Dust is an inevitable by-product of visitor access to exhibitions and accumulates on artefacts on open display. Although dirt brought on visitors’ shoes can be captured at the entrance, release of dust from visitors’ clothing is less easily prevented.
How dust is controlled and removed is fundamental to the prevention of cumulative damage to artefacts. On a microscopic scale, dust includes tiny, possibly acidic or sharp mineral particles which can be damaging to materials. Consequent cleaning erodes fragile surfaces, such as textiles and gilding.
When dust is left on a surface for too long, it attracts moisture during periods of high humidity, contributing to staining, corrosion and biological growth. Accumulating dust provides food for insect pests and bacteria, and high humidity can encourage the growth of moulds.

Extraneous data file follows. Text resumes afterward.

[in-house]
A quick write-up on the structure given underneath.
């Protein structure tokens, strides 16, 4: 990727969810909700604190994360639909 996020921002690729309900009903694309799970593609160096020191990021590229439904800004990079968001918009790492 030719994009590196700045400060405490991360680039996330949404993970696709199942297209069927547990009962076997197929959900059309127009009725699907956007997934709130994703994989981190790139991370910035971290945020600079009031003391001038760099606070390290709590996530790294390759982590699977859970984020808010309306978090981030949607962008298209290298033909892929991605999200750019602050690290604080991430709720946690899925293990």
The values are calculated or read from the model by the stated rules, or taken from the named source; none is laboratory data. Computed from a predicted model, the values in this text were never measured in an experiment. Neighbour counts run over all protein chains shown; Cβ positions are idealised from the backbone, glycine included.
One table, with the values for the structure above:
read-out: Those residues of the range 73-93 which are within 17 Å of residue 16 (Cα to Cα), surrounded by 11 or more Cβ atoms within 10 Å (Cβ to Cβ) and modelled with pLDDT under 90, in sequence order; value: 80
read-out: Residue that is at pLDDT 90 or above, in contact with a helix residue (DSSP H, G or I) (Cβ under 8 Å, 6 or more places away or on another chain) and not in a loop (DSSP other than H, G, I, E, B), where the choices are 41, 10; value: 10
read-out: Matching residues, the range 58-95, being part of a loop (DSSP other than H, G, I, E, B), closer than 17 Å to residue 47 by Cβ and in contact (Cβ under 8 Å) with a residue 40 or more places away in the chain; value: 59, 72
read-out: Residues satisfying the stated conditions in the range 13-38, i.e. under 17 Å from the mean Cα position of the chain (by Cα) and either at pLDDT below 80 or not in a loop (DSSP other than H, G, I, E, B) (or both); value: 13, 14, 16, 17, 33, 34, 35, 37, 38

To prevent surface wear, heritage institutions clean only when necessary, using soft natural bristle brushes and low-suction vacuum cleaners.
Hanwell’s DustBug has been designed to measure the accumulation of dust so that users can optimise the intervals between cleaning, and thus maintain standards of presentation and conservation. Analysis of the data can give an understanding of the nature of dust and its distribution in heritage collections.